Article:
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Competitive Balance in Dutch Soccer

Author

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  • Ruud H. Koning

Abstract

Most sports are interesting because the outcome of a game cannot be predicted perfectly in advance. Indeed, sometimes sports organizations try to maximize the uncertainty associated with the outcomes of the games by restricting the behaviour of teams and players so as to maximize public interest. The degree of competitiveness in a league is also known as competitive balance. In this paper we propose a simple model analyze the outcome of soccer matches. The parameters of this model are used to assess whether comeptitive balance in Dutch soccer has decreased or increased over time.

Suggested Citation

  • Ruud H. Koning, 1999. "Competitive Balance in Dutch Soccer," Industrial Organization 9905001, EconWPA.
  • Handle: RePEc:wpa:wuwpio:9905001
    Note: Type of Document - pdf; prepared on ibm pc miktex; to print on HP; pages: 25 ; figures: included
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    File URL: http://econwpa.repec.org/eps/io/papers/9905/9905001.pdf
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    References listed on IDEAS

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    1. Grier, Kevin B. & Tollison, Robert D., 1994. "The rookie draft and competitive balance: The case of professional football," Journal of Economic Behavior & Organization, Elsevier, vol. 25(2), pages 293-298, October.
    2. Andrew Weiss, 1997. "Specification tests in ordered logit and probit models," Econometric Reviews, Taylor & Francis Journals, vol. 16(4), pages 361-391.
    3. Neumann, G.R. & Tamura, R.F., 1996. "Managing Competition: The Case of the National Football League," Working Papers 96-15, University of Iowa, Department of Economics.
    4. P. Glewwe, 1997. "A test of the normality assumption in ordered probit model," Econometric Reviews, Taylor & Francis Journals, vol. 16(1), pages 1-19.
    5. Rosen, Sherwin, 1981. "The Economics of Superstars," American Economic Review, American Economic Association, vol. 71(5), pages 845-858, December.
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    Cited by:

    1. Young Hoon Lee & Rodney Fort, 2011. "Competitive Balance:Time Series Lessons from the English Premier League," Working Papers 1102, Research Institute for Market Economy, Sogang University, revised Jun 2011.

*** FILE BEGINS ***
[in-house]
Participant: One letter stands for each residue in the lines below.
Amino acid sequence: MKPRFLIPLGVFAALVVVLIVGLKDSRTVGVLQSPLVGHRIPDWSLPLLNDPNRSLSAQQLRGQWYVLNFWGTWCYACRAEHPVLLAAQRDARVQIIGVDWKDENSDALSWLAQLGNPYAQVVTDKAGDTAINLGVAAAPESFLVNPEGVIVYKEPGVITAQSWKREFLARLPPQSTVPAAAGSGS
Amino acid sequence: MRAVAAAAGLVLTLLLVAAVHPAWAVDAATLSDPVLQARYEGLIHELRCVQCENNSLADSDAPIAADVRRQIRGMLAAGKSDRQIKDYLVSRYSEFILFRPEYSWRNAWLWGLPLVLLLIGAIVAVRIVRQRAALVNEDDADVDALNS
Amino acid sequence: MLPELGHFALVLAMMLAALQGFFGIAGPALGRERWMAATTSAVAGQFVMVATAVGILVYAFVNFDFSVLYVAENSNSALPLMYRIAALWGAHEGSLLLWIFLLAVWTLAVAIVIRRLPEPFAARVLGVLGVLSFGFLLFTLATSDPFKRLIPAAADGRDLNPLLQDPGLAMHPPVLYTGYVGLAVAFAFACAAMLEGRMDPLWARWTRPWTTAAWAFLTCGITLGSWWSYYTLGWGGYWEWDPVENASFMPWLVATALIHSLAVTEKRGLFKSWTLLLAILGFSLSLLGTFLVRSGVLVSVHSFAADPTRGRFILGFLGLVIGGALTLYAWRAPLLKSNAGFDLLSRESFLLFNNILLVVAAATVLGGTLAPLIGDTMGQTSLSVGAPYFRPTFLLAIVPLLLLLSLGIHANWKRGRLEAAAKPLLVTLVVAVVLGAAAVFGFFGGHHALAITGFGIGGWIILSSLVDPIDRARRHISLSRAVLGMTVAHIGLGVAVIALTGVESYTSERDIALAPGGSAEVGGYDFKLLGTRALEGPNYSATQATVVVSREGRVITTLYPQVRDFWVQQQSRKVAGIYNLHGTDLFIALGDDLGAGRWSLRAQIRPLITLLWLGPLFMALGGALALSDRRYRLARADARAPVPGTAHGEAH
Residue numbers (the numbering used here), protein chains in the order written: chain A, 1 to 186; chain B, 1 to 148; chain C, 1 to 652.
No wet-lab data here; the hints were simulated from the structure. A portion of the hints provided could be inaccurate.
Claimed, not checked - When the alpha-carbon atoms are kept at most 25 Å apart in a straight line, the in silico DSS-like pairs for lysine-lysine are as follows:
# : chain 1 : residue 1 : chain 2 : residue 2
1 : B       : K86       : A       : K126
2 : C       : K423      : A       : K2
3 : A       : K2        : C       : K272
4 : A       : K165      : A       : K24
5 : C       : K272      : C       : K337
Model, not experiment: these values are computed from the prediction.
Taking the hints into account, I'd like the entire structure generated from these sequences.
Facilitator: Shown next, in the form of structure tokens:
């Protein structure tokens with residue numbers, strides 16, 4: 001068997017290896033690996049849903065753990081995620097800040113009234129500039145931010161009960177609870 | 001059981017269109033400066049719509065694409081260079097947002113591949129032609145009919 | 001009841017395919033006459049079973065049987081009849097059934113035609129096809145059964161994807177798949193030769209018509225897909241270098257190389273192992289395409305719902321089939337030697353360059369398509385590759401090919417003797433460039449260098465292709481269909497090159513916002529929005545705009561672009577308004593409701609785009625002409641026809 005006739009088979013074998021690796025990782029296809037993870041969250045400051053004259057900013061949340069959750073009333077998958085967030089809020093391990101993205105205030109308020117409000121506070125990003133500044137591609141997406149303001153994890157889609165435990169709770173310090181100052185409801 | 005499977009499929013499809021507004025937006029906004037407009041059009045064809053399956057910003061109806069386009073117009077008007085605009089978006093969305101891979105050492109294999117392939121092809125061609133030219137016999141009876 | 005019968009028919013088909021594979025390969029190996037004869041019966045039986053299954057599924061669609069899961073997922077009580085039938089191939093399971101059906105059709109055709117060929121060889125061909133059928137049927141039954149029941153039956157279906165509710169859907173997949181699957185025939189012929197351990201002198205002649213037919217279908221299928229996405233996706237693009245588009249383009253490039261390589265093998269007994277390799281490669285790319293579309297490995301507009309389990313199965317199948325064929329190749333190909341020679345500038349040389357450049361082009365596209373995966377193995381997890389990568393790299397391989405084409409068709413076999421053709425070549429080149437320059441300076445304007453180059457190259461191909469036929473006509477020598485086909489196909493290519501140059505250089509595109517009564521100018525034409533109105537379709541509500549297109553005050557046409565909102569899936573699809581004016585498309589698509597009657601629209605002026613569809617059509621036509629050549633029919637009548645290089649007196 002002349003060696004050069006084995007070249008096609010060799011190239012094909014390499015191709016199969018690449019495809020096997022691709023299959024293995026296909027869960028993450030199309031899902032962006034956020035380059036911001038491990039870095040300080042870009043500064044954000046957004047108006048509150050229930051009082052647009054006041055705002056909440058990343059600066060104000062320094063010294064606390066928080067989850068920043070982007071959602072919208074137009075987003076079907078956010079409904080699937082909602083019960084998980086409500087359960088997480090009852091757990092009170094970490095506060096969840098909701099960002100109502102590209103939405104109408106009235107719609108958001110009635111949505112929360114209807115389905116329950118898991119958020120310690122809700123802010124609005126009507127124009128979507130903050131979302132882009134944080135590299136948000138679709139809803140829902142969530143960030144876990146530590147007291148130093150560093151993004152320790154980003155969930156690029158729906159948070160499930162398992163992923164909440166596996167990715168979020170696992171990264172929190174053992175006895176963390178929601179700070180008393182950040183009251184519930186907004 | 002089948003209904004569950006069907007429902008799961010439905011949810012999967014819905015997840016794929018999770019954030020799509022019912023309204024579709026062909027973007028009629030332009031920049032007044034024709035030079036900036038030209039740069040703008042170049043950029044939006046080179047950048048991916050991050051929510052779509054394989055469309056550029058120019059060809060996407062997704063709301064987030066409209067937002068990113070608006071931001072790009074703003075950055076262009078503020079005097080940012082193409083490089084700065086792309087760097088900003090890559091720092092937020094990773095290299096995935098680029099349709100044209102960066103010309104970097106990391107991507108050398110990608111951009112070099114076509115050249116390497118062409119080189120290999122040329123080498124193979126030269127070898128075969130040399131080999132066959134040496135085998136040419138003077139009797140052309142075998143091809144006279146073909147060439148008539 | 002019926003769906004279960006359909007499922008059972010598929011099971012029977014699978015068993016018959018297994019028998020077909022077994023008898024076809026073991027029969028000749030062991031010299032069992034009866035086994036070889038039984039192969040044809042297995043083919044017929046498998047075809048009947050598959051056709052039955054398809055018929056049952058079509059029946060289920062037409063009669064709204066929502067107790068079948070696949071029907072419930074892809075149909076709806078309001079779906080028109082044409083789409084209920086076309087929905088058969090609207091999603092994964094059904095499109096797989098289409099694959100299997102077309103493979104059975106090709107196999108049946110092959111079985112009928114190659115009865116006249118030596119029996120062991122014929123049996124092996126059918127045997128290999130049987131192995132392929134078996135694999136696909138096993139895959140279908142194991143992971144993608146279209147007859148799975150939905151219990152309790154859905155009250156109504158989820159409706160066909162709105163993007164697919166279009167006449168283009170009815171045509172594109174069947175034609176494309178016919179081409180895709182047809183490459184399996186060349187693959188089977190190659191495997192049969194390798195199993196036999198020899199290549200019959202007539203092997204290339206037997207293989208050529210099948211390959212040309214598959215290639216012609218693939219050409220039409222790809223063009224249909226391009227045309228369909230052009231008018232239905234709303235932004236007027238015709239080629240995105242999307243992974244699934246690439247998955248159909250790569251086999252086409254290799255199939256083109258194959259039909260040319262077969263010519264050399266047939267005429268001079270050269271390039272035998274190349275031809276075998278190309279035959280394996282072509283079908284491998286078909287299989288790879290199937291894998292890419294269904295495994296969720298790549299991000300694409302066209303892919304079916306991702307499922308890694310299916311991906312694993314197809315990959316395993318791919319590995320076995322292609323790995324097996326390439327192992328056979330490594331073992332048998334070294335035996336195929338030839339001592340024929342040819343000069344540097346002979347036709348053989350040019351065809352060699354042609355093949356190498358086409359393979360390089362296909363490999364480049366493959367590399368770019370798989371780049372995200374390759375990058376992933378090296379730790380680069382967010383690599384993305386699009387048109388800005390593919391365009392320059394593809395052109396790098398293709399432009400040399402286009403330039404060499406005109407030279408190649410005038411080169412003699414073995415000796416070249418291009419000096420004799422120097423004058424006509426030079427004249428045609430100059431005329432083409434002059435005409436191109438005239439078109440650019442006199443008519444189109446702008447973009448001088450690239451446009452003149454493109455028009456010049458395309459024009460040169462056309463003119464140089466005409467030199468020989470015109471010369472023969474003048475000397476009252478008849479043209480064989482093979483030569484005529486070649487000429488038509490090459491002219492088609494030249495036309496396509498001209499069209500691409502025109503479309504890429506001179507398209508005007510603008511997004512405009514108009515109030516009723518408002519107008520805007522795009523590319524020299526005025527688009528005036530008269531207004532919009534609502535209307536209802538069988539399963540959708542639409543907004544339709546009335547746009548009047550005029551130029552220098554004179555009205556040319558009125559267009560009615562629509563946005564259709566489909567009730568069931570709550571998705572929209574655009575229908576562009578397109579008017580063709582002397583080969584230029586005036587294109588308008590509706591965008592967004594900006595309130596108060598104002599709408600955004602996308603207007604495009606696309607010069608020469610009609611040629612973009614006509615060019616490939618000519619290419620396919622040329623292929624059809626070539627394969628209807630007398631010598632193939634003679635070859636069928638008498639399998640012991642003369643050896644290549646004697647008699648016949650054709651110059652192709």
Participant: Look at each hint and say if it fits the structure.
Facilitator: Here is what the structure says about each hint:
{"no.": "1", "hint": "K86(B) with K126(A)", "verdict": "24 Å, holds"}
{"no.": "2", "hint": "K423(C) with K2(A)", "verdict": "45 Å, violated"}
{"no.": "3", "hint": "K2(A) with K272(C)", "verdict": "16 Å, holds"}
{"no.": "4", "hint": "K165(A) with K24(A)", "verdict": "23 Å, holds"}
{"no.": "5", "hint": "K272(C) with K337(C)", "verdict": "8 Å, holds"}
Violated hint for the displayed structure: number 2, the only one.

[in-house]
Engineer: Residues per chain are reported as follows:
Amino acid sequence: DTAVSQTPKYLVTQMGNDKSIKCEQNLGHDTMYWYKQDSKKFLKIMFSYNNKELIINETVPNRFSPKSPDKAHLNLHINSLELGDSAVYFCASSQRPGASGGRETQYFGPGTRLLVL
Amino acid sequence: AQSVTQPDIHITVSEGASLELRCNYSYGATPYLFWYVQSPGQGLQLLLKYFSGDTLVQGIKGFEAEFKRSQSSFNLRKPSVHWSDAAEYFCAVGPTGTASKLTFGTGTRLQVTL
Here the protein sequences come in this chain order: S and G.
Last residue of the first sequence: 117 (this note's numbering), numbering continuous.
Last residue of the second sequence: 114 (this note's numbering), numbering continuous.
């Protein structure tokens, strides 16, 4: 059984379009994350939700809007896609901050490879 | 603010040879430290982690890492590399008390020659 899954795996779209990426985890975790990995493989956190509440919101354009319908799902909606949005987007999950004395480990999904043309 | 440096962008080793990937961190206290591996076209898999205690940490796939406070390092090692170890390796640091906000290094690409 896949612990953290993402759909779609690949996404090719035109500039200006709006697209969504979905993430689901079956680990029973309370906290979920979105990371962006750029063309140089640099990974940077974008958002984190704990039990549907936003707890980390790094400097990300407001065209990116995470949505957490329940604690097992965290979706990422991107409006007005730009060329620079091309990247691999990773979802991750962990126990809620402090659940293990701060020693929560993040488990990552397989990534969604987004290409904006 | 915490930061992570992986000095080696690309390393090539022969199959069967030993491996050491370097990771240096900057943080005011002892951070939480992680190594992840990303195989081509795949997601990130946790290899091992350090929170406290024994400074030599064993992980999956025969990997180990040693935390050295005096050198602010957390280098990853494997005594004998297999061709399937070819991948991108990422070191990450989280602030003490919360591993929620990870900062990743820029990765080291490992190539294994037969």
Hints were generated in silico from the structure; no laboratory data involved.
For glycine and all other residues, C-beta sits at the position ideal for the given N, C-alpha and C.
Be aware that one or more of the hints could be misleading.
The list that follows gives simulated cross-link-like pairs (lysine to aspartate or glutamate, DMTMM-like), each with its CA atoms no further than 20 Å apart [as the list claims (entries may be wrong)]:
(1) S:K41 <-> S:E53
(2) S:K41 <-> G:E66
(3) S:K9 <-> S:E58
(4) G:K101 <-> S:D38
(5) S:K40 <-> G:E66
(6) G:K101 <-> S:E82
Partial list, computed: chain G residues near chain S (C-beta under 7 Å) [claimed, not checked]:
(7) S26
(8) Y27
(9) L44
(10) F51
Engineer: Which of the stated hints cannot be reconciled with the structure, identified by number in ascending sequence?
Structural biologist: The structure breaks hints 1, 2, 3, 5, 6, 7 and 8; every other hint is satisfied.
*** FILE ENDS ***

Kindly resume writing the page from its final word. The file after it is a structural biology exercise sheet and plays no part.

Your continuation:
2. Padma Rao Sahib, 2015. "Status, Peer Influence, and Racio-ethnic Diversity in Times of Institutional Change: An Examination from European Labour Law," Journal of Business Ethics, Springer, vol. 126(2), pages 205-218, January.
    3. Antonio Marques, 2002. "Competitive Balance in the Portuguese premier league of professional soccer," Industrial Organization 0211025, EconWPA.
    4. Ruud H. Koning & Ian G. McHale, 2012. "Estimating Match and World Cup Winning Probabilities," Chapters,in: International Handbook on the Economics of Mega Sporting Events, chapter 11 Edward Elgar Publishing.
    5. Dafeng Xu, 2014. "Who Benefits from Globalization of Labor? Evidence from the 'Bosman Ruling'," ERSA conference papers ersa14p1089, European Regional Science Association.
    6. Scott Tainsky & Jason Winfree, 2010. "Short-Run Demand and Uncertainty of Outcome in Major League Baseball," Review of Industrial Organization, Springer;The Industrial Organization Society, vol. 37(3), pages 197-214, November.
    7. Ruud Koning, 2014. "Professional soccer in the Netherlands," Chapters,in: Handbook on the Economics of Professional Football, chapter 20, pages 336-350 Edward Elgar Publishing.

    More about this item

    Keywords

    professional soccer; competitive balance; ordered probit;

    JEL classification:

    • L - Industrial Organization

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